The last few weeks have been incredibly busy at Oculus HQ while we put the finishing touches on the entire platform: the Rift development kit, the Oculus SDK, and the Developer Center. As we close in on the much anticipated launch, things really couldn’t be more exciting.
There’s plenty of good news to share, so let’s dive right in.
This past Friday, John Carmack, legendary technical director at id Software, published an excellent write-up detailing the challenges around latency, particularly for virtual reality systems. You can read the full post here.
Minimizing latency is crucial to immersive VR. We’ve touched on this topic in previous updates (see: “Building a Sensor for Low Latency VR”).
A quick recap: for the Rift, we define latency as the time between the movement of the player’s head and the display updating with the image for the new head orientation. The more we can minimize latency in Oculus-ready games, the more immersive and comfortable the experience will be for players.
Nikolay and Palmer doing a practical review of sensor algorithms.
Early on in the Rift’s development, we frequently measured latency using the high-speed camera technique Carmack describes. High speed cameras can provide very accurate measurements, but the major downside is the time-consuming nature of the process. Carefully moving and setting up the camera system each time we want a measurement isn’t practical for an entire engineering team.
After a few weeks, it became clear that we needed an easier way to quantitatively measure the latency of Oculus-ready games, plus track and analyze those measurements. That way, we’d immediately know whether a hardware or software change was moving us in the right direction.
We decided it made sense to build a new latency measurement tool that would:
– Be quick and easy.
– Provide accurate and precise latency measurements for the Rift (simulating actual use).
After a handful of prototype and design iterations, we are proud to present: the Oculus Latency Tester!
Design concepts and functional prototypes of the Oculus Latency Tester.
The goal was to build something incredibly easy for engineers to use that still provided very precise measurements. We came up with a design where the Latency Tester is inserted into the left eyecup slot of the development kit (after the actual eyecup has been removed). A small button on the top of the device is used to trigger the measurement.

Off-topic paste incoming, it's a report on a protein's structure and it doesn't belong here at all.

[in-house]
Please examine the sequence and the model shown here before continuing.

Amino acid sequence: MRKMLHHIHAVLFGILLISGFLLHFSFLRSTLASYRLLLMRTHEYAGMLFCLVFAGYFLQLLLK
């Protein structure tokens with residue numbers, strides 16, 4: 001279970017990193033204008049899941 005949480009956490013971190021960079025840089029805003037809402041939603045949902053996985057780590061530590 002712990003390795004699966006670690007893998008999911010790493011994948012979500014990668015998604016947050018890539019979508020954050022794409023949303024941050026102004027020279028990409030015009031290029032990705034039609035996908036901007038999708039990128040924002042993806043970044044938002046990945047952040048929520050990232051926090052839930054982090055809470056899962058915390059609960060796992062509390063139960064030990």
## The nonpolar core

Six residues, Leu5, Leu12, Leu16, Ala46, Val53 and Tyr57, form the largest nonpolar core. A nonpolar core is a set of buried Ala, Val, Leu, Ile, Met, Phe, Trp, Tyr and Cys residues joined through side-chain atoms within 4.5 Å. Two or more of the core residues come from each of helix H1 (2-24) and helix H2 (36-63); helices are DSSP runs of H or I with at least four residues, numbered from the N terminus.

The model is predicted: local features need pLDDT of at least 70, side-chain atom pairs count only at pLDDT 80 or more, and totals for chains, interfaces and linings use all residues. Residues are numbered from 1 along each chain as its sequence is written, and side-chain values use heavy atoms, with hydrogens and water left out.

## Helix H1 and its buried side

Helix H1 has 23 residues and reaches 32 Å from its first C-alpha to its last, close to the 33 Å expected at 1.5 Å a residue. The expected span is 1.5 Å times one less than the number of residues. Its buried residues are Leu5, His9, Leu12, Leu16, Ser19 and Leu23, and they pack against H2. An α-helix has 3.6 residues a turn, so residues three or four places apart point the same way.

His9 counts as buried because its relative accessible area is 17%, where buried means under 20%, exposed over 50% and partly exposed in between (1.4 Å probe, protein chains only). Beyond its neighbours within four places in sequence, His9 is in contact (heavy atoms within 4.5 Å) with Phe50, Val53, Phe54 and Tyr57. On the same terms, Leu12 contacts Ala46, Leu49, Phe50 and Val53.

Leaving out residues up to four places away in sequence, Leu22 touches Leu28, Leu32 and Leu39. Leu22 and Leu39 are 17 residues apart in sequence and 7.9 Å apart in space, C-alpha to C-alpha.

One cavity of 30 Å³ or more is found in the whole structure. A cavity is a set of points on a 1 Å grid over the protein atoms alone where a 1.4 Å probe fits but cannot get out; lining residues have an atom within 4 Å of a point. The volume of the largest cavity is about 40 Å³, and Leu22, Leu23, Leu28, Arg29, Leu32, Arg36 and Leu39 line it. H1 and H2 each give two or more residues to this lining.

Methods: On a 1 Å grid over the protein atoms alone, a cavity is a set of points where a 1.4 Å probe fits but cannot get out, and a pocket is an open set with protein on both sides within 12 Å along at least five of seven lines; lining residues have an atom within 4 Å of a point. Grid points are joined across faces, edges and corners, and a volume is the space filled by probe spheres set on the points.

Nirav working on the schematics for the Latency Tester.
When the button is pressed, the device sends a message out over USB. This message is received by the SDK, which directs the game engine to composite a colored square on the current frame. A color sensor in the Latency Tester, positioned just above the screen, constantly samples the area where the square will be displayed, waiting for it to be drawn.
The color sensor under a microscope.
As the colored square scans onto the LCD, this sensor watches for the light level to pass a visual threshold. When that threshold is reached, the Latency Tester reports the total elapsed time back to the computer (and for the production version, on its own 7-segment display), providing an accurate measurement of latency.
Functional prototypes of the Oculus Latency Tester.
We designed the system so that it can also be started by sending the Latency Tester a message from software (rather than a button press). This means more flexibility in how we measure latency from the game engine to photons. For example: we can measure the latency from the last point in software that camera orientation and position are updated before rendering with just a few lines of code.
A prototype Latency Tester with the development kit.